Where did the money go, Jon?

A delicious scandal has erupted on Wall Street featuring former New Jersey Governor Jon Corzine's company, MF Global.

Aside from making spectacularly stupid investments in Italy's sovereign debt, there is another problem facing Corzine that might not be so easy to explain.

New York Times:

Federal regulators have discovered that hundreds of millions of dollars in customer money has gone missing from MF Global in recent days, prompting an investigation into the brokerage firm, which is run by Jon S. Corzine, the former New Jersey governor, several people briefed on the matter said on Monday.

The recognition that money was missing scuttled at the 11th hour an agreement to sell a major part of MF Global to a rival brokerage firm. MF Global had staked its survival on completing the deal. Instead, the New York-based firm filed for bankruptcy on Monday.

Regulators are examining whether MF Global diverted some customer funds to support its own trades as the firm teetered on the brink of collapse.

That's a no-no. You can go to jail for that.

In any case, what led to the unaccounted-for cash could violate a tenet of Wall Street regulation: Customers' funds must be kept separate from company money. One of the basic duties of any brokerage firm is to keep track of customer accounts on a daily basis.

Neither MF Global nor Mr. Corzine has been accused of any wrongdoing. Lawyers for MF Global did not respond to requests for comment.

Now, the inquiry threatens to tarnish further the reputation of Mr. Corzine, the former Goldman Sachs executive who had sought to revive his Wall Street career last year just a few months after being defeated for re-election as New Jersey's governor.

Evidently, accurate record keeping at the company was not a high priority task. Regulators believe that a lot of the missing cash is the result of sloppy bookkeeping.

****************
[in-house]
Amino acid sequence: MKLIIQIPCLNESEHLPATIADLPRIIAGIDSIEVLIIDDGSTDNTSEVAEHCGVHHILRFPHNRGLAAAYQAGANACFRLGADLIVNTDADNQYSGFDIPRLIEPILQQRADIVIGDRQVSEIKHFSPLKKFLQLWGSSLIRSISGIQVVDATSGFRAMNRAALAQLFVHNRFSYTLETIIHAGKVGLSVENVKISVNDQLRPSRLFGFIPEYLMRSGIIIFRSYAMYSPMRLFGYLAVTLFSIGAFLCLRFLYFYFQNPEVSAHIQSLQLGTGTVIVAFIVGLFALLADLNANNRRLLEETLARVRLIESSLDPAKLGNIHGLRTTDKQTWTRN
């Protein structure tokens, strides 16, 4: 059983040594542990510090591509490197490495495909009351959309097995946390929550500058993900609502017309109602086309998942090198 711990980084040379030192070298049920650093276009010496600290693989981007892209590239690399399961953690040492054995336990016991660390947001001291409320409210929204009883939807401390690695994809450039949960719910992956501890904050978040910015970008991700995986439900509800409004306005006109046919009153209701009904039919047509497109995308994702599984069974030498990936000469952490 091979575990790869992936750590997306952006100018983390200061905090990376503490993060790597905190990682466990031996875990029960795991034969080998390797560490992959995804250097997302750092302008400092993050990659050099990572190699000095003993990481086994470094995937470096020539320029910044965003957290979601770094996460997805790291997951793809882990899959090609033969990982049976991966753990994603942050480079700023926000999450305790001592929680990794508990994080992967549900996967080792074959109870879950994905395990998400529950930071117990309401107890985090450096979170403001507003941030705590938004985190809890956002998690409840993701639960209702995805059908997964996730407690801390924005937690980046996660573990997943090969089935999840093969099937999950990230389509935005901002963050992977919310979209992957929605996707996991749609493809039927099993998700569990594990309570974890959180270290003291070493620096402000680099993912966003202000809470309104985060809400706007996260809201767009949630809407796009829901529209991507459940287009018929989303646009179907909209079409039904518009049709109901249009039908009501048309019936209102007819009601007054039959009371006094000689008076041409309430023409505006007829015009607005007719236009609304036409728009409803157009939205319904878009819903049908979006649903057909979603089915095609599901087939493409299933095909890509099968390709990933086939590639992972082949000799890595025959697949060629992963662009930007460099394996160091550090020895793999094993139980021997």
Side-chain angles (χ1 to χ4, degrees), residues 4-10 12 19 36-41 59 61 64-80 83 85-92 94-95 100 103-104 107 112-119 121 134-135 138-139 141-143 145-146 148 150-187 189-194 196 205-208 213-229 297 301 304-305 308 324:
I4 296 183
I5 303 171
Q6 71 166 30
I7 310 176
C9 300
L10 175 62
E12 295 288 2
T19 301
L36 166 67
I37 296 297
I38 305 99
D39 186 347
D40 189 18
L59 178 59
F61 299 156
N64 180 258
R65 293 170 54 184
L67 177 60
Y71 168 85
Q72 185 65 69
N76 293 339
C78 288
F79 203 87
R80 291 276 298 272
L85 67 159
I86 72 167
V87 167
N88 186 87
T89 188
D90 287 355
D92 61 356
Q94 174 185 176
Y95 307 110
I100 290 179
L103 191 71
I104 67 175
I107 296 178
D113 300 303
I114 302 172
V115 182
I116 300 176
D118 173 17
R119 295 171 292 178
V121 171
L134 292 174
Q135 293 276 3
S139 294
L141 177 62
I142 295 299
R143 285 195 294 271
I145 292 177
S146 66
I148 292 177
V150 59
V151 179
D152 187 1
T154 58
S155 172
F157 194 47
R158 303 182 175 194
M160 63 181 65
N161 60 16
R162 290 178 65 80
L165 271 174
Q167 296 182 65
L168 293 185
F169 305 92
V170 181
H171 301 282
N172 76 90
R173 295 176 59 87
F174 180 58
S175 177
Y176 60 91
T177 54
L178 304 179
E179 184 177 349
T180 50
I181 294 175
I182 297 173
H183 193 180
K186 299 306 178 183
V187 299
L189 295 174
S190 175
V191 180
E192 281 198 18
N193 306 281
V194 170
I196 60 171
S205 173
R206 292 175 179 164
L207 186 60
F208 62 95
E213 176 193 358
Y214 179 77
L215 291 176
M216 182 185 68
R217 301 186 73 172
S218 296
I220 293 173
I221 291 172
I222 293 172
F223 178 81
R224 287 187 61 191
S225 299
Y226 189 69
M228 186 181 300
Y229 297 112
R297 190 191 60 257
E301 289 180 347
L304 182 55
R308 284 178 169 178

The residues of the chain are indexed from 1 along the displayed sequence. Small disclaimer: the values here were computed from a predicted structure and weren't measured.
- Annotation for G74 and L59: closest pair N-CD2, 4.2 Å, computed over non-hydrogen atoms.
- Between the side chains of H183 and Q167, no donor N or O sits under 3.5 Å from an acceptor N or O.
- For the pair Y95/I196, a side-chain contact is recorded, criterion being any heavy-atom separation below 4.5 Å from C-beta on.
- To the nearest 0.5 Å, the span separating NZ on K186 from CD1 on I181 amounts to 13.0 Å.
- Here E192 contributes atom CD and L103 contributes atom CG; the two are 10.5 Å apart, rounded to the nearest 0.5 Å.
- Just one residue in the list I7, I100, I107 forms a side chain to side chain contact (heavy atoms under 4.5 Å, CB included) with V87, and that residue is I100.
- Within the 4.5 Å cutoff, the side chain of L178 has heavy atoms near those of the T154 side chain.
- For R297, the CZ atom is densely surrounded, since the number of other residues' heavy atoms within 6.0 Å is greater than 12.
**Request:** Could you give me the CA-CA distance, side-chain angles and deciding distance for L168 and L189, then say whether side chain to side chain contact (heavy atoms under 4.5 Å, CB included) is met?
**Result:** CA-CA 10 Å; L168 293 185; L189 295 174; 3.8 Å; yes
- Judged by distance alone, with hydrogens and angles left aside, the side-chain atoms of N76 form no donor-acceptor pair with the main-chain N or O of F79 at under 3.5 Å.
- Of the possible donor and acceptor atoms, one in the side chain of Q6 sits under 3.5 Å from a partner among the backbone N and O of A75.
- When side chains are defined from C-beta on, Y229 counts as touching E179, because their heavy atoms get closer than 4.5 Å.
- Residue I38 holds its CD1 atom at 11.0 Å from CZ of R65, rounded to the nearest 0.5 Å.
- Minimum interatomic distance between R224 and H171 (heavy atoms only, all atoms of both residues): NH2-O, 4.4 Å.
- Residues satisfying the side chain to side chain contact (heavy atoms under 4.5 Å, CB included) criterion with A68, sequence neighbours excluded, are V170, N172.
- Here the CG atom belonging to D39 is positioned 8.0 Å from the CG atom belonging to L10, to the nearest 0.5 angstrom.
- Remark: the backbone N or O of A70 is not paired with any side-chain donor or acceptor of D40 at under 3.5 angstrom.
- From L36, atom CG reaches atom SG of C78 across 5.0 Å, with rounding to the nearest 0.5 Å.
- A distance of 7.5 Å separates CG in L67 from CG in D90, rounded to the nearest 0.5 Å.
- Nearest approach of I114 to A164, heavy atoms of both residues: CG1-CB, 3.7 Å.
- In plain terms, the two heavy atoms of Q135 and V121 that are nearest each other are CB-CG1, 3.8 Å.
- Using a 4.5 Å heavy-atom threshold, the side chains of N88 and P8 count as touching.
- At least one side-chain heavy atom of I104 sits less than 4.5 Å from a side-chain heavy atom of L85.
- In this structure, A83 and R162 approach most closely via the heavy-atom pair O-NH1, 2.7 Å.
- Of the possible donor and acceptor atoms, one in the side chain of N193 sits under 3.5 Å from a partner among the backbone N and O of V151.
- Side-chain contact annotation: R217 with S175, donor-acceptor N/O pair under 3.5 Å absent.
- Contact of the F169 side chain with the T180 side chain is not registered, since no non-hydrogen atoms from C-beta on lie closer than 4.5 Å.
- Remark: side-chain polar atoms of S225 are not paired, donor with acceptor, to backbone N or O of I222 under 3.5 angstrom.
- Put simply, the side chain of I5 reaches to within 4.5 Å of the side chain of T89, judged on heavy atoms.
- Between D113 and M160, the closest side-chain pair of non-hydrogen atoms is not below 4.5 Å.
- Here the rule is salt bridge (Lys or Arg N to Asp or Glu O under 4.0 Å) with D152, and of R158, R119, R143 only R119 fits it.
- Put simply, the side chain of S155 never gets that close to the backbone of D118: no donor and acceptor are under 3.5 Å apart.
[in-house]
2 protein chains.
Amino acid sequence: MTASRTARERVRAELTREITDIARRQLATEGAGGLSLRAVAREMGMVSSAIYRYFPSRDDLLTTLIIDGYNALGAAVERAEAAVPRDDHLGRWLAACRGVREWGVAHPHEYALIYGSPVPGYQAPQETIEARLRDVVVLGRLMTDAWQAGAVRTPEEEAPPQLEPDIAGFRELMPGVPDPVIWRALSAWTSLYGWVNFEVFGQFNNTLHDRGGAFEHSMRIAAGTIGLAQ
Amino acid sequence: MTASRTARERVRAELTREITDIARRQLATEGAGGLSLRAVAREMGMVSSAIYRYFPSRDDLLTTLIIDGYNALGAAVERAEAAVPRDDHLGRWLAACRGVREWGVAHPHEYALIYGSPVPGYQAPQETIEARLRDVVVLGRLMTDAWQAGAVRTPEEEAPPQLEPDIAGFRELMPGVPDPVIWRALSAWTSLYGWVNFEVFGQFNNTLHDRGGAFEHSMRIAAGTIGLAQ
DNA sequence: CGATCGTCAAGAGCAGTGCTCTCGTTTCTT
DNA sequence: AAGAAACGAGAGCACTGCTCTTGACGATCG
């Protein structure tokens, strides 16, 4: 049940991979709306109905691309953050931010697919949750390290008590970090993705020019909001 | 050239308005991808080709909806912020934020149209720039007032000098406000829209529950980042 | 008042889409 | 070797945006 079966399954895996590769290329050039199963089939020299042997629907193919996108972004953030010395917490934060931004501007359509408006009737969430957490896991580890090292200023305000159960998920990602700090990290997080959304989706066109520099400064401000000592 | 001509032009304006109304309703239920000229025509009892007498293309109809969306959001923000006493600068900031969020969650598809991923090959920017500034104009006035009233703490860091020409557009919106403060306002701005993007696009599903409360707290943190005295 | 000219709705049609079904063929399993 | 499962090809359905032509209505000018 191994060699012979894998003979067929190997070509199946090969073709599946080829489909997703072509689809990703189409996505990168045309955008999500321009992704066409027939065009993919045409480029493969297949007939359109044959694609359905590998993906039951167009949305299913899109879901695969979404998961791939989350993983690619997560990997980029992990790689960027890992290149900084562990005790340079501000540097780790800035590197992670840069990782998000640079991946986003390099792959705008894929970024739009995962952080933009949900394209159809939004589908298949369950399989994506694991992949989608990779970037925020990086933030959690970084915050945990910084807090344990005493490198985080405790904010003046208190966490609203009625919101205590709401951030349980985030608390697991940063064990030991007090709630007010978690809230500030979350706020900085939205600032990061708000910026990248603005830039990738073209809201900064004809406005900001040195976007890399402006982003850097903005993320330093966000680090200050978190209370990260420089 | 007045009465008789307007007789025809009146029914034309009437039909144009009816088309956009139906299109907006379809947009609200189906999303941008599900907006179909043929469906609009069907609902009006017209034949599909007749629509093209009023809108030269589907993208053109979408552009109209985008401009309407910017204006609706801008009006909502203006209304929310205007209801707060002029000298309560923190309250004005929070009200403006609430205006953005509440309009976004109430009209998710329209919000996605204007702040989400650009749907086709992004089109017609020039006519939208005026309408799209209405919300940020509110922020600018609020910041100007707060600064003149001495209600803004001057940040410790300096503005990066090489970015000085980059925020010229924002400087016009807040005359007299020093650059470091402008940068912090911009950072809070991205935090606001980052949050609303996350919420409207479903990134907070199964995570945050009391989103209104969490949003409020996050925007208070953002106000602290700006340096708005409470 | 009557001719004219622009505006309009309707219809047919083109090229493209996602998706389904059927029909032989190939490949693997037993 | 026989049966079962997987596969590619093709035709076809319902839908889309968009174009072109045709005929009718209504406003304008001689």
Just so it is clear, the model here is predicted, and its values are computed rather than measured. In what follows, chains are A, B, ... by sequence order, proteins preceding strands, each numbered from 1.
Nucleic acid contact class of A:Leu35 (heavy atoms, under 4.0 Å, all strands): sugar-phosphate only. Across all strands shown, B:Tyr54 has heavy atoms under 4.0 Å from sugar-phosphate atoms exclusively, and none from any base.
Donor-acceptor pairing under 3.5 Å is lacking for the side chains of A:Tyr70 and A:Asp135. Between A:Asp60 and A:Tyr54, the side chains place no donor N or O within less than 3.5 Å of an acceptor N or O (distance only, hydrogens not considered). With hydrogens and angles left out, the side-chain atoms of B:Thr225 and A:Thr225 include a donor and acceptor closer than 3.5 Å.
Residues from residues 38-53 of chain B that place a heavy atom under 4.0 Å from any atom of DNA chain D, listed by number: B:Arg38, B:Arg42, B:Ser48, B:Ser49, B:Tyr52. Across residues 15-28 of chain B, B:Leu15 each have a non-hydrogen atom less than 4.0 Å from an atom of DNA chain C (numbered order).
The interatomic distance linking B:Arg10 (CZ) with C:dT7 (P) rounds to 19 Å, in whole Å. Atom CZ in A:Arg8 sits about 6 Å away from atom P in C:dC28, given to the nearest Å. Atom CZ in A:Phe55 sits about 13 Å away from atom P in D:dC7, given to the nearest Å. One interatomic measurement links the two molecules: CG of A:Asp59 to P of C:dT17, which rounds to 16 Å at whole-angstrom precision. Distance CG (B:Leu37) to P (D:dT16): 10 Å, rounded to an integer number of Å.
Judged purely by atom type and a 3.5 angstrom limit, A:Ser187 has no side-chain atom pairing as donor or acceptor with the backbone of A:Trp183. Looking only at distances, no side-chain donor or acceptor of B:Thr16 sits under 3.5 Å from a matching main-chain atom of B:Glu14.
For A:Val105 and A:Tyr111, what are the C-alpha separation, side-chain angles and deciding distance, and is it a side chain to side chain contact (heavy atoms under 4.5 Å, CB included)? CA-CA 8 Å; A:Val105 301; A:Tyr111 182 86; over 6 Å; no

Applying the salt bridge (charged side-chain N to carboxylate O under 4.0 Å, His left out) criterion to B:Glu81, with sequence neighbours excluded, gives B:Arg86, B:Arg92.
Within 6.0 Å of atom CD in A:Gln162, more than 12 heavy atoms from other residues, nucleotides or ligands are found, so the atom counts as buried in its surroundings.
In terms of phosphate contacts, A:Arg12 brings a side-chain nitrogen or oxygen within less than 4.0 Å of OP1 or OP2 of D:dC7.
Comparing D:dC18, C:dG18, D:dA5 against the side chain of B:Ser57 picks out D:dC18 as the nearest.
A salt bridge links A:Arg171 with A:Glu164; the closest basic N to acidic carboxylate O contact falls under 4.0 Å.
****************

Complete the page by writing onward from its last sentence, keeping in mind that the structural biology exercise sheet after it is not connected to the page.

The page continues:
Still, I daresay that Mr. Corzine will have to find some place else to resurrect his career. I hear there's an opening at Al's Used Cars.

A delicious scandal has erupted on Wall Street featuring former New Jersey Governor Jon Corzine's company, MF Global.

Aside from making spectacularly stupid investments in Italy's sovereign debt, there is another problem facing Corzine that might not be so easy to explain.

New York Times:

Federal regulators have discovered that hundreds of millions of dollars in customer money has gone missing from MF Global in recent days, prompting an investigation into the brokerage firm, which is run by Jon S. Corzine, the former New Jersey governor, several people briefed on the matter said on Monday.

The recognition that money was missing scuttled at the 11th hour an agreement to sell a major part of MF Global to a rival brokerage firm. MF Global had staked its survival on completing the deal. Instead, the New York-based firm filed for bankruptcy on Monday.

Regulators are examining whether MF Global diverted some customer funds to support its own trades as the firm teetered on the brink of collapse.

That's a no-no. You can go to jail for that.

In any case, what led to the unaccounted-for cash could violate a tenet of Wall Street regulation: Customers' funds must be kept separate from company money. One of the basic duties of any brokerage firm is to keep track of customer accounts on a daily basis.

Neither MF Global nor Mr. Corzine has been accused of any wrongdoing. Lawyers for MF Global did not respond to requests for comment.

Now, the inquiry threatens to tarnish further the reputation of Mr. Corzine, the former Goldman Sachs executive who had sought to revive his Wall Street career last year just a few months after being defeated for re-election as New Jersey's governor.

Evidently, accurate record keeping at the company was not a high priority task. Regulators believe that a lot of the missing cash is the result of sloppy bookkeeping.

Still, I daresay that Mr. Corzine will have to find some place else to resurrect his career. I hear there's an opening at Al's Used Cars.

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